Some of the Islands are privately owned and are decked out. You will see a lot of islands that have no development on them. They even have Islands you can buy.

Our tour guide told us that you could buy one as cheap as 30k. I know what you are thinking.... then why don't we all have our own private Island? Easiest answer, the cost of running drinkable water, electricity, building supplies, oh and things like hurricanes; create a far greater expense and risk than just a solid 30k for a plot of land that could float away during the next monsoon. I'm not hating on it though. I expect an invite once you inhabit your new Island.

There are several Islands that you can rent or stay at their resort accommodations. I haven't done either, so I can't give you any insight there.

I haven't forgotten about the monkeys...

Go to Granada Islands they said. There will be a monkey Island they said. It will be so much fun they said.

Ok... with that description, don't you think you are about to head off on some adventurous voyage to an Island... hopefully not to far away... where all the monkeys just want to cuddle you, play with you and be your best friend forever? Right... Right!

Ok, so there is this Island. Some individual owns it. It is a very small Island. I would say it probably was the size of a medium sized gas station. The monkeys weren't born there with all their little monkey friends. No sir! Whoever owns the Island put about 10 monkeys on his land and made it a tourist stop.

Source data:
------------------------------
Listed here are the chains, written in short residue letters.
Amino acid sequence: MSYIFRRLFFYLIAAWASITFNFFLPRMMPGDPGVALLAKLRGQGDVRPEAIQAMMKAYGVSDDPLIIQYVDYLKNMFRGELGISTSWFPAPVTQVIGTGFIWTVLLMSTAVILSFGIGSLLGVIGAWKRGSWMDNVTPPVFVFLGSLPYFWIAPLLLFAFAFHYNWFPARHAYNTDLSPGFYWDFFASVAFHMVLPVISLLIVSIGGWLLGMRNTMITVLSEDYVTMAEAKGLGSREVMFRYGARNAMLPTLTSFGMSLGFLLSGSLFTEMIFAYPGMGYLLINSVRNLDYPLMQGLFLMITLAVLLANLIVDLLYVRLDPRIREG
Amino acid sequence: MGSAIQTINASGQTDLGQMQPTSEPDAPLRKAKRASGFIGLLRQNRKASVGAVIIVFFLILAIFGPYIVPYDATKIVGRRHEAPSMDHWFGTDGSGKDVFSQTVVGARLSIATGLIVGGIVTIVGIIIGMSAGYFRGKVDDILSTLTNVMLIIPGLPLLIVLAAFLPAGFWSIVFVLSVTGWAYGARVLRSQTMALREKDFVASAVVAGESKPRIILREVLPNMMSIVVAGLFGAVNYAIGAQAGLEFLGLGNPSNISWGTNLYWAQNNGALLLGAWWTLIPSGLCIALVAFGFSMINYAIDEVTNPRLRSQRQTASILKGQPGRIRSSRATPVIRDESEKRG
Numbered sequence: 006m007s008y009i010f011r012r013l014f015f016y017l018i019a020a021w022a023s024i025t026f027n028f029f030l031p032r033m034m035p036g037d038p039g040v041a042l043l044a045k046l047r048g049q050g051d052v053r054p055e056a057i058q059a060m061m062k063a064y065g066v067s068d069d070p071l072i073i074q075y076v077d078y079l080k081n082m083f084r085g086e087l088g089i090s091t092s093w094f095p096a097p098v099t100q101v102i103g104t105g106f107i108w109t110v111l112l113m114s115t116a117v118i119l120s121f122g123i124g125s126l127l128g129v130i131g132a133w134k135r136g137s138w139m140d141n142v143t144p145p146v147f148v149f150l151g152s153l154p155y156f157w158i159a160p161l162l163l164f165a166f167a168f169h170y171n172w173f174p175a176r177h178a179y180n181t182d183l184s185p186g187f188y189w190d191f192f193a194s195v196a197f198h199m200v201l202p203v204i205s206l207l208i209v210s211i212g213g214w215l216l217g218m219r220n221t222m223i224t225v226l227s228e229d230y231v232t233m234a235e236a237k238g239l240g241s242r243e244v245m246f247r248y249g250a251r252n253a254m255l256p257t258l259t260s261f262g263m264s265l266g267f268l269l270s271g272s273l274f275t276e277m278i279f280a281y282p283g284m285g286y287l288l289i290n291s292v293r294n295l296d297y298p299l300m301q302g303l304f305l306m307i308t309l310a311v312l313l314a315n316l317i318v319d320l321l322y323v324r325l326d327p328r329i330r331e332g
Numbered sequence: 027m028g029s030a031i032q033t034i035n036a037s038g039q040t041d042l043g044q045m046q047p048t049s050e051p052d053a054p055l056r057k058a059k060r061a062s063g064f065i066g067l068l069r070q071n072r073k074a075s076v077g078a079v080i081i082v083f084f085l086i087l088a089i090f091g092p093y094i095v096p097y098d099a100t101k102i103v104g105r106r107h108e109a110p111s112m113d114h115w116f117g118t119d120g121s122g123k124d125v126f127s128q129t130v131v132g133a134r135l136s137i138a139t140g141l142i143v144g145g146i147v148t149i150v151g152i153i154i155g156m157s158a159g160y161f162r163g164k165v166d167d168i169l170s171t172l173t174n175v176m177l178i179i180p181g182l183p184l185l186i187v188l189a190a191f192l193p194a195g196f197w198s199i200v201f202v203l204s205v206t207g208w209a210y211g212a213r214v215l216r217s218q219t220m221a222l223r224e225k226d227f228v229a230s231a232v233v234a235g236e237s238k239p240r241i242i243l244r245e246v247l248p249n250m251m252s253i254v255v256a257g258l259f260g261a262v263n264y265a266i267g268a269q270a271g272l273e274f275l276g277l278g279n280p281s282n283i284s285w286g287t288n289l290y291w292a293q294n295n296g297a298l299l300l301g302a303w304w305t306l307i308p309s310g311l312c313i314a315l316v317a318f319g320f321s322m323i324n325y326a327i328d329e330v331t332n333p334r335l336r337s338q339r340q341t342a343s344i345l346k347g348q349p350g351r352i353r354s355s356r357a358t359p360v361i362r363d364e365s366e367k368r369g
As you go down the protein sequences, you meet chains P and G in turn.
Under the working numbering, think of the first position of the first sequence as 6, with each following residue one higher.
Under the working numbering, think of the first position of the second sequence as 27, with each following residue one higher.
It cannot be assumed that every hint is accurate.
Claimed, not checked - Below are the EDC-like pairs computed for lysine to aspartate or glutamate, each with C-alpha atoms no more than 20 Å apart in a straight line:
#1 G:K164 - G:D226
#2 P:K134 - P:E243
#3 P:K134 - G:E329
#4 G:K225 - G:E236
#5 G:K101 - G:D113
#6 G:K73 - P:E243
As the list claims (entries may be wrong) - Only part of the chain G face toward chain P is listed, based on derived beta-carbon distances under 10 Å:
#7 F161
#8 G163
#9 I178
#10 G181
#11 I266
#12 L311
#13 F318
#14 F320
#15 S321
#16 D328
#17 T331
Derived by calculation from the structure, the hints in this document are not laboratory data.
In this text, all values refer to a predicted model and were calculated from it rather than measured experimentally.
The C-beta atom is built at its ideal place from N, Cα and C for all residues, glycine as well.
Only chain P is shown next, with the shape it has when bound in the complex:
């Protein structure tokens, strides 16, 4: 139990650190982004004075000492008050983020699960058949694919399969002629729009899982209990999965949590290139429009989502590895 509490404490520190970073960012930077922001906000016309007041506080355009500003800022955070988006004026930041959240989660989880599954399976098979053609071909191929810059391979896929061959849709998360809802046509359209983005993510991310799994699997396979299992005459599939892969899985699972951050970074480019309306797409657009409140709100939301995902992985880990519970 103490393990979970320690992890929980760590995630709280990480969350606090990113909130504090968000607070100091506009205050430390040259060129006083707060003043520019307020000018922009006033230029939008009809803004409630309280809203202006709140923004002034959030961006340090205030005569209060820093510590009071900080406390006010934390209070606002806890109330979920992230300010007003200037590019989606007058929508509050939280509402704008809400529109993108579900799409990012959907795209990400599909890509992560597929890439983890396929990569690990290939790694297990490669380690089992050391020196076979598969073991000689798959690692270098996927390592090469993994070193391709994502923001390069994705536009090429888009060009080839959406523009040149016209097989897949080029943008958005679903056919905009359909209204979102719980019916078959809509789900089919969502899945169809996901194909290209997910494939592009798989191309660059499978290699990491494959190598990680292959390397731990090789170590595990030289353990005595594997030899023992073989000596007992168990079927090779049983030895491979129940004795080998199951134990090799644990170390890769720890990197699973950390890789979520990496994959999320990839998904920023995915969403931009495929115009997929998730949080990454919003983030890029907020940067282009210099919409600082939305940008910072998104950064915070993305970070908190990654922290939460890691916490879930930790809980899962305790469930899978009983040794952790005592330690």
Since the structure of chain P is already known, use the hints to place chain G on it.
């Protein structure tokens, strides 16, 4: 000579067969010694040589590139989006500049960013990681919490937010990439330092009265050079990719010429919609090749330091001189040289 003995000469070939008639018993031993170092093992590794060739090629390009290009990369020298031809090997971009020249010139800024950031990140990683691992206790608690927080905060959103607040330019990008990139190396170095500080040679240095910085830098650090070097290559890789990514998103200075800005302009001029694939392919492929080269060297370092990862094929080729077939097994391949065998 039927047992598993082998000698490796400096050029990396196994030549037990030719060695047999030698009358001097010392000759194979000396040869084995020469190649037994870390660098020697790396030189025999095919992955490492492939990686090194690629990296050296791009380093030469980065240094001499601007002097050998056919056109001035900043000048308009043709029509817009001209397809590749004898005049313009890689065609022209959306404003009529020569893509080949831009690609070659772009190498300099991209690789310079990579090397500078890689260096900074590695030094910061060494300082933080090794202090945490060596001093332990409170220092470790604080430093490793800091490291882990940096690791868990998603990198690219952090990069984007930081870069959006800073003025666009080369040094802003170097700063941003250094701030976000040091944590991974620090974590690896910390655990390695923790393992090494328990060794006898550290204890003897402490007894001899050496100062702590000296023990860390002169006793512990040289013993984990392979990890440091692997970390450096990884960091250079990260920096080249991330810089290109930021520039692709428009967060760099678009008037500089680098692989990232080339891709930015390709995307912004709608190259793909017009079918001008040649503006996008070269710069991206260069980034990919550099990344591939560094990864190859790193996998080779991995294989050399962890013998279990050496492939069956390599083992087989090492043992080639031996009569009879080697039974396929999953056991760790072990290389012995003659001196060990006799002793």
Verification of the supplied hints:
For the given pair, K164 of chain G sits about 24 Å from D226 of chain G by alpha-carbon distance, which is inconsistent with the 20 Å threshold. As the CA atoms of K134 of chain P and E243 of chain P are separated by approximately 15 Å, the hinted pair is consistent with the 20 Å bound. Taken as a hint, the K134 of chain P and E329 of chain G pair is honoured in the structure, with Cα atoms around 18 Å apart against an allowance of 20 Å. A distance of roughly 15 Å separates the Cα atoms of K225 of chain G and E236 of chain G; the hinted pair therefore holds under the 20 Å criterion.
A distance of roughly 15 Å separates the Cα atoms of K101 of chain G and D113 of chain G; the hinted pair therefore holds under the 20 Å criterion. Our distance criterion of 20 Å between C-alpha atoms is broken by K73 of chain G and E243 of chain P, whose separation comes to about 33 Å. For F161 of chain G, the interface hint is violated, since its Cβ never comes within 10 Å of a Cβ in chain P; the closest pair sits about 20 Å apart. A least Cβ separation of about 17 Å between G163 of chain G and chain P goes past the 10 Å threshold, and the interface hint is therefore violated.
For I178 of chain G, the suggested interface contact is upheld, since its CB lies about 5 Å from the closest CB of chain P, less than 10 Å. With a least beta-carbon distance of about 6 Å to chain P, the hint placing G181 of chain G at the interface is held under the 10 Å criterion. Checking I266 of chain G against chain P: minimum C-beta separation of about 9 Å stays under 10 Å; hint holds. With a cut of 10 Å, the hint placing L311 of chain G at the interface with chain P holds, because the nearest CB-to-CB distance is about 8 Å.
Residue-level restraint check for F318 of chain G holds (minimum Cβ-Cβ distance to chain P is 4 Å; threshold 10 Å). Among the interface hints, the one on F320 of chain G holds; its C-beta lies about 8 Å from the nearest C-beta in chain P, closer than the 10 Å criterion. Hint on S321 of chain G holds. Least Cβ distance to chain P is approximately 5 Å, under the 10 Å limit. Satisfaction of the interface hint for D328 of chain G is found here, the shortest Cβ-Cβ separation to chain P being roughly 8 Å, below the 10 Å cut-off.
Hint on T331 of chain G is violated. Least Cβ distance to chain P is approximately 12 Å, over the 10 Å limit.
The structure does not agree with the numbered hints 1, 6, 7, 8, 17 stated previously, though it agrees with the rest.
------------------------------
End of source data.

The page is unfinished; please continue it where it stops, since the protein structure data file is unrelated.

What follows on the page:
As you can see, I didn't hate it though! I got to feed the monkey. My heart was happy! The tour guide just so happened to have a handy dandy bag full of bananas that we could purchase for just 50 cordobas. This was a no brainer. Give me your tourist trap bananas and let me pretend I am best friends with a monkey for ten minutes already!

We weren't allowed to get off the boat or step foot on the Island, but the driver was more than willing to get us close enough to personally hand the banana over!

One of the monkeys did have a little baby hanging around her neck. This was the cutest thing ever, until the mama got mad and started causing a ruckus. This lead to my new found monkey best friend, that I was sharing a moment over a half rotten banana with, to also get very upset and run away.

Overall, I was sad I did't get to skip hand and hand with all the monkeys on the monkey Island, but it was still a very cool experience that I would do again.

 

The Granada Islands are a must do for any adventurous spirit! Check out the rest of the Island pictures below. Click on them to enlarge each photo!

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Let me know what you think in the comments below.  Don't forget to follow me on Instagram and check back for more adventures!

 

Travel Safe,

Amanda Renee'

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@PassportConfessional |  @AmandaRSowards  |  Amanda@PassportConfessional.com